An assessment of the Problems and Prospects of Translating Hausa Proverbs into English

An assessment of the Problems and Prospects of Translating Hausa Proverbs into English

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Abstract

Proverbs enshrine a lot of historical and cultural heritage of the people who possess them. They contain a vast treasure of information and knowledge on the socio-cultural life of their beholders. But unlike prose narratives and some other forms of literary genres, proverbs do not lend themselves easily to translation. Translators often encounter a lot of problems in translating proverbs across languages. Some of these problems are linguistic, especially where the source language and the target language are structurally different. Others are cultural, especially where the languages involved are geographically apart. The aim of this research is to identify and discuss the problems and prospects of translating Hausa proverbs into English. The research investigates Hausa proverbs in order to identify their functions, the historical and cultural elements of the Hausa people they contain, the different contexts within which Hausa proverbs could be used, the translation techniques suitable for translating Hausa proverbs into English, and measures to adopt in order to minimize loss of meaning. In doing so, 50 Hausa Proverbs were randomly selected -according to their relevance to the research- from the internet, and from the work of Kirk-Greene (1966) titled: Hausa Ba Dabo Bane and those proverbs compiled by Ibrahim Madauchi, Yahaya Isa and Bello Daura in their book Hausa Customs (1968). In some instances proverbs from the researcher’s personal experience are used based on the Chomskian concept of the validity of native speaker’s intuition. These proverbs are grouped into two; culture bound and culture free. At the end of the research we discovered that Hausa proverbs are used for different functions and in different contexts. They are used to warn, admonish, encourage, rebuke and so on. Furthermore, we discovered that culture bound proverbs tend to pose more problems to translators as a result of the cultural elements ingrained in them. Such proverbs could be translated with minimal loss of meaning only through the use of footnotes to explain the cultural elements, circumlocution, loan translation e.t.c. On the other hand, a similar proverb in the TL could be adopted to translate a culture free or universal proverb.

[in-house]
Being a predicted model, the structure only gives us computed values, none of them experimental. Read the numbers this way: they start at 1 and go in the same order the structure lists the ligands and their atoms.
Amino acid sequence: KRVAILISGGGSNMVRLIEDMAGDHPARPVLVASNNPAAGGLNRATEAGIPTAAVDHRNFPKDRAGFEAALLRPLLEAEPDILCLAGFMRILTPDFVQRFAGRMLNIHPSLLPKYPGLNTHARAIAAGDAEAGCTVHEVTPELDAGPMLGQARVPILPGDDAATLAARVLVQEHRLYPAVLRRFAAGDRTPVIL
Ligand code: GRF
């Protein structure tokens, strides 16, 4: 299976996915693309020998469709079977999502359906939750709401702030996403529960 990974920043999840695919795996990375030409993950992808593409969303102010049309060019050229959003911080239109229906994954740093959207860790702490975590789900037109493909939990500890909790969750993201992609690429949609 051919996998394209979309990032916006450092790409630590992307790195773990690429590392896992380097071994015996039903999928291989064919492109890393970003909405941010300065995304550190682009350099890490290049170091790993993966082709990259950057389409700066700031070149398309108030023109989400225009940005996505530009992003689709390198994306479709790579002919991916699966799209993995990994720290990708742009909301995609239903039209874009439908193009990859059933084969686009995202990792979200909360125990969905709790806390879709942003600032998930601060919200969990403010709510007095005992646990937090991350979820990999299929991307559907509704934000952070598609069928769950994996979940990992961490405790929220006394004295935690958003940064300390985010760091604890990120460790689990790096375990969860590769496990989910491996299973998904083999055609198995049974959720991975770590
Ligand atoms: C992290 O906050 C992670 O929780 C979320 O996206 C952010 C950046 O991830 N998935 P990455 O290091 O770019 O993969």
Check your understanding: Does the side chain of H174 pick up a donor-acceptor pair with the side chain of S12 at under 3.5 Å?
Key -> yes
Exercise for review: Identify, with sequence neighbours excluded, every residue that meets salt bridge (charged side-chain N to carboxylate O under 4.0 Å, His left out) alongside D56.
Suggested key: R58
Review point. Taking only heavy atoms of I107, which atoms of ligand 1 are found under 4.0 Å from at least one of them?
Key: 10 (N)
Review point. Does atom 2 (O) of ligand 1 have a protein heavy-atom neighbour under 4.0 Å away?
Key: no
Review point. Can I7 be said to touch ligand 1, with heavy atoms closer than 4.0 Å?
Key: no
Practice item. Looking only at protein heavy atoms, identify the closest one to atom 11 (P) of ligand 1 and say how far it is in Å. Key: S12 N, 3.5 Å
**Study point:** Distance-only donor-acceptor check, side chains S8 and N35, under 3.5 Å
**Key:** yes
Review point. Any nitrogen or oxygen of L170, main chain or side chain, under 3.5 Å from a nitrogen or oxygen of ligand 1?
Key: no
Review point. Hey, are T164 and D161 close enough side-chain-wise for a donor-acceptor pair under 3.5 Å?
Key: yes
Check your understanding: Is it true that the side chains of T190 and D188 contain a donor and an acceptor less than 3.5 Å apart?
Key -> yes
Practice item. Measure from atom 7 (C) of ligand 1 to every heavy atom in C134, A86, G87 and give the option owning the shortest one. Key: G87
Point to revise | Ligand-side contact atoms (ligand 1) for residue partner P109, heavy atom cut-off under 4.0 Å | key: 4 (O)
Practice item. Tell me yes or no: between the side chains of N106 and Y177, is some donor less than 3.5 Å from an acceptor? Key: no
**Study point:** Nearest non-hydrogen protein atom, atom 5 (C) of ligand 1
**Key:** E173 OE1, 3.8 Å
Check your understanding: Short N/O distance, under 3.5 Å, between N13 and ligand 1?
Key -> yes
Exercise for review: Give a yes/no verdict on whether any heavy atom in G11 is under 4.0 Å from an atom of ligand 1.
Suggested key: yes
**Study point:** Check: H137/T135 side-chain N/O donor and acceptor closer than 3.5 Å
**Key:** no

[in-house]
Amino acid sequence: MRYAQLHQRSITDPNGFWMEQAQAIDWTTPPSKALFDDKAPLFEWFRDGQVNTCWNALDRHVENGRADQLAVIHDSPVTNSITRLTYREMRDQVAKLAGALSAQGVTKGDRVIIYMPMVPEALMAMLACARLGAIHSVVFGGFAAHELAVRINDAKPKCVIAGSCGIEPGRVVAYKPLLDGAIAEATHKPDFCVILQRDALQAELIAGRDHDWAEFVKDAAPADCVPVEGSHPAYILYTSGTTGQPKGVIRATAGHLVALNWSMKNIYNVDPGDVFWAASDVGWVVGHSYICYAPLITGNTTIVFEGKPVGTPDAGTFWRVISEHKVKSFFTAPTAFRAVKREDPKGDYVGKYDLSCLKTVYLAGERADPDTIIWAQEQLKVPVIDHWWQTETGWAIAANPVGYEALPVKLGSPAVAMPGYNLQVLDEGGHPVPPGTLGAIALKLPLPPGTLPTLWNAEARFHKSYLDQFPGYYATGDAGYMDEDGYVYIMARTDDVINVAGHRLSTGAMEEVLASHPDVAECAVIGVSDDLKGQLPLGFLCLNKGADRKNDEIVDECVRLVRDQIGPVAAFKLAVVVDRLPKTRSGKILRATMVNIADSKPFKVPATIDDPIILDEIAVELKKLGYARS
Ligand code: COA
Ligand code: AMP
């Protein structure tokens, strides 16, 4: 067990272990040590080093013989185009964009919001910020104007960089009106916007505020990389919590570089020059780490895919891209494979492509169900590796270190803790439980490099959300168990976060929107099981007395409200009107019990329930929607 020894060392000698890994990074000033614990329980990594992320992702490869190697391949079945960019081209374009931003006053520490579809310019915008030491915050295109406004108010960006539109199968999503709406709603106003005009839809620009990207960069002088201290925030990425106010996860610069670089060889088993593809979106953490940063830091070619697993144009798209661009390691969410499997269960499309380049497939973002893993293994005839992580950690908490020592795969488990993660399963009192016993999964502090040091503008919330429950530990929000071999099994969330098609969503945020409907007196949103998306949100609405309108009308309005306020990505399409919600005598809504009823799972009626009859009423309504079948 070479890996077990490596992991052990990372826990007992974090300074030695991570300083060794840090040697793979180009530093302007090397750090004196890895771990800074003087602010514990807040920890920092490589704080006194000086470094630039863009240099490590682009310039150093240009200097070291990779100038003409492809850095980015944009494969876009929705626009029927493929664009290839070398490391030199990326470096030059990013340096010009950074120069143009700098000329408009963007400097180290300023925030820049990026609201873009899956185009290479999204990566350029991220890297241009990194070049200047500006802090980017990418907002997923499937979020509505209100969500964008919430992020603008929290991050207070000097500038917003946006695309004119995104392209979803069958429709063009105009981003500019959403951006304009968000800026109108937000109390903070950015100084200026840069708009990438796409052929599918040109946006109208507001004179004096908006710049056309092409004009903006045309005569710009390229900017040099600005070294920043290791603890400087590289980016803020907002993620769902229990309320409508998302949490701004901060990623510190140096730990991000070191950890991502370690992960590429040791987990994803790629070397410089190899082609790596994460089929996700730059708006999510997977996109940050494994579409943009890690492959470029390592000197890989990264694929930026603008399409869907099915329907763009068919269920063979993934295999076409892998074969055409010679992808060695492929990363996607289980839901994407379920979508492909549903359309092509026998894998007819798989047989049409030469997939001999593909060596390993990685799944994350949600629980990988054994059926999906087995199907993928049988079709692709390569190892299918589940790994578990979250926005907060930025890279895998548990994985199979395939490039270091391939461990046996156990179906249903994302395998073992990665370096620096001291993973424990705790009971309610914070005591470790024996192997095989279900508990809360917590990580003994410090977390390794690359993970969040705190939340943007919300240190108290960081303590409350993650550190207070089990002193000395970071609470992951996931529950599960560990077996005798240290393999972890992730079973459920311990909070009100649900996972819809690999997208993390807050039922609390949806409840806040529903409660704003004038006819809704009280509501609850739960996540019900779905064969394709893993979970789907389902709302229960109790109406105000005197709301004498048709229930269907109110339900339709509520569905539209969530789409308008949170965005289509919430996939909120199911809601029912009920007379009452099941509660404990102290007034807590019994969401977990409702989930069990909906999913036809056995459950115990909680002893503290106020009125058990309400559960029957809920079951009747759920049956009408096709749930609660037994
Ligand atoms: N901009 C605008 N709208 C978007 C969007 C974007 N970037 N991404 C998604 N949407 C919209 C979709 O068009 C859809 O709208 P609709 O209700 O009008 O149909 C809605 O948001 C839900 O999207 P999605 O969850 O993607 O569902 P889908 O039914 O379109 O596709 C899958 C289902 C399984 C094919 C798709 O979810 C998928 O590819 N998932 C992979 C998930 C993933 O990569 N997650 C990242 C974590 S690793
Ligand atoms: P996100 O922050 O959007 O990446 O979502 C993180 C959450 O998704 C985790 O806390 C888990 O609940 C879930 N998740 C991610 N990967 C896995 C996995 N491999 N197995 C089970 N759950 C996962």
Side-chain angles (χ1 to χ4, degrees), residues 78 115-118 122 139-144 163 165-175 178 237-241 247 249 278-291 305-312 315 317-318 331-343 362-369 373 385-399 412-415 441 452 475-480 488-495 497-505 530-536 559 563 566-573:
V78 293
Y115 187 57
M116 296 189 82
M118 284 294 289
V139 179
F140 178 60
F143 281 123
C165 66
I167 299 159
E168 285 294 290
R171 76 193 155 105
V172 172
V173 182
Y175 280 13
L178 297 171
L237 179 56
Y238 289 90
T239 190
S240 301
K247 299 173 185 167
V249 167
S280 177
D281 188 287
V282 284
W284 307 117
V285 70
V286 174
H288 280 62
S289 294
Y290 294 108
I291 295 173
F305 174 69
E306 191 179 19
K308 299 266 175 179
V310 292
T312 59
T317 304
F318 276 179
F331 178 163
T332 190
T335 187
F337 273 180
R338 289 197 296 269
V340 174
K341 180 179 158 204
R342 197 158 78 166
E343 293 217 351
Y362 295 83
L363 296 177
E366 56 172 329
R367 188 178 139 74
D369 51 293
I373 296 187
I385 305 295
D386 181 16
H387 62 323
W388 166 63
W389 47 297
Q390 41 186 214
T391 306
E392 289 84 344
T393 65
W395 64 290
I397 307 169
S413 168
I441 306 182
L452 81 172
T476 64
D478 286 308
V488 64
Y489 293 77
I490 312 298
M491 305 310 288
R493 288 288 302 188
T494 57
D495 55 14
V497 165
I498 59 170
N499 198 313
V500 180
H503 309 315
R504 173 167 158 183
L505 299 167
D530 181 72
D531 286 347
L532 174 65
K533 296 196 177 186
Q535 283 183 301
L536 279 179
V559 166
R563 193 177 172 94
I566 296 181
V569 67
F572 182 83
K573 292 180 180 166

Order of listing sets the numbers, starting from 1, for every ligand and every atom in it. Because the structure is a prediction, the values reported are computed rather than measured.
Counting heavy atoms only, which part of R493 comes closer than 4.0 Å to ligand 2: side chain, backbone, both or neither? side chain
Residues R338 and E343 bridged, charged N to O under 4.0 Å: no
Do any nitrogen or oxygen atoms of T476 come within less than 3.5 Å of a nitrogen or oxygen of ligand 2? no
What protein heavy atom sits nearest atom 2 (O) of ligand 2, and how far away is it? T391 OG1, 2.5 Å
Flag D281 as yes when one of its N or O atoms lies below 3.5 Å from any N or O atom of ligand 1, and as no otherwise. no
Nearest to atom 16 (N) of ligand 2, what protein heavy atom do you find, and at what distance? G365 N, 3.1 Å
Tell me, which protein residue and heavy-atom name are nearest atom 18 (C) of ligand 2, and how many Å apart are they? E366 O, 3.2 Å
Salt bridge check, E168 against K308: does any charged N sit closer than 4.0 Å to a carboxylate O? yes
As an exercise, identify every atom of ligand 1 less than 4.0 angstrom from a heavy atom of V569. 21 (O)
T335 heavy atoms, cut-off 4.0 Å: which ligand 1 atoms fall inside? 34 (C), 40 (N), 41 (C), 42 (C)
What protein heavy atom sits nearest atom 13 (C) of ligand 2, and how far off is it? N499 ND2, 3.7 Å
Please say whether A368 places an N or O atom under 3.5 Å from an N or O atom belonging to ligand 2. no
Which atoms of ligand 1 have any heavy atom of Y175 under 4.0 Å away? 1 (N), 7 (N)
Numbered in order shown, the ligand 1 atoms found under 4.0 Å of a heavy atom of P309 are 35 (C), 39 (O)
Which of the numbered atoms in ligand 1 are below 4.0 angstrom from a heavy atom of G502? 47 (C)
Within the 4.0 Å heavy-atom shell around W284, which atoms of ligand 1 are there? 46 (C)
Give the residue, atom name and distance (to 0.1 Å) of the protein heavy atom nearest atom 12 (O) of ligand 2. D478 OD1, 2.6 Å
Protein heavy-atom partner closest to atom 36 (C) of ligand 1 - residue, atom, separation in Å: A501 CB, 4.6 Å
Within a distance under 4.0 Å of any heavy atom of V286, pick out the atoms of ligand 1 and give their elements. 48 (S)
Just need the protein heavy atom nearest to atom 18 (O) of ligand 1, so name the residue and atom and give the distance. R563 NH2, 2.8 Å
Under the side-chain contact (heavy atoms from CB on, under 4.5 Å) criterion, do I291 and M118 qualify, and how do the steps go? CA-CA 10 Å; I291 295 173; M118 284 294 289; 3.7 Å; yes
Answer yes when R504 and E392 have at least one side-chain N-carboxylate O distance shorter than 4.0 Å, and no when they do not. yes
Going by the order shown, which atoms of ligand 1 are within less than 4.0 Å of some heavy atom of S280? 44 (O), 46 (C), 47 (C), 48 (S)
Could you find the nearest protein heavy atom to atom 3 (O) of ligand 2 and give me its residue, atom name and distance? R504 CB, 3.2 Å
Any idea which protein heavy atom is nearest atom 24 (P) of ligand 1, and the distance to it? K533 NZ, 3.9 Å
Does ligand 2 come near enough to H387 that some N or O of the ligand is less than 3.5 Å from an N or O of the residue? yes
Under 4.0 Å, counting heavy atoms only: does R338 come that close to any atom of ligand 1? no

CHAPTER ONE

2.0 Introduction

This chapter introduces the study thereby examining the motivation to the study, brief

historical origin of the Hausa people and language, statement of the research problem, aim

and objectives, research questions, hypothesis to be tested, significance of the study and the

scope and delimitation of the study.

Proverbs are one of the genres of oral literature. Lamidi (2008:61-2) views them as witty

sayings that capture the logic, culture and observation of a people. They often evolve from

traditional lore, history and religion, and are attributed to elders, as they are believed to

contain the wisdom of the elders or ancestors in the society. Like human language, proverbs

are a means of communication and information storage. Proverbs as major sources of

information storage are a dominant means of communication in the unlettered culture and are

quoted constantly when folks engage in a discourse (Ashipu, 2007:521). Proverbs in both

traditional and modern societies are used for so many purposes. Murray (1911:13) observes:

They have much to teach us. They are the safest index to the inner life of a people. With them we can construct a mental image of the conditions of existence, the manners, characteristics, moral and weltanschauung of the community which used them. They present us with the surest data upon which to base our knowledge of volspscholgia.

Therefore, proverbs are not just wise sayings, but also a medium through which much can be

learnt about a people’s past history, philosophy of life, family structures, ideas and cultural

beliefs. Kirk-Greene (1966: ix-x) observes that proverbs enshrine much of the cultural

heritage of a people, their traditions, their history, their wisdom and ethics. According to

Amali (1985:30), African proverb lore is its indigenous warehouse well fortified for the safe-

keeping and codificat


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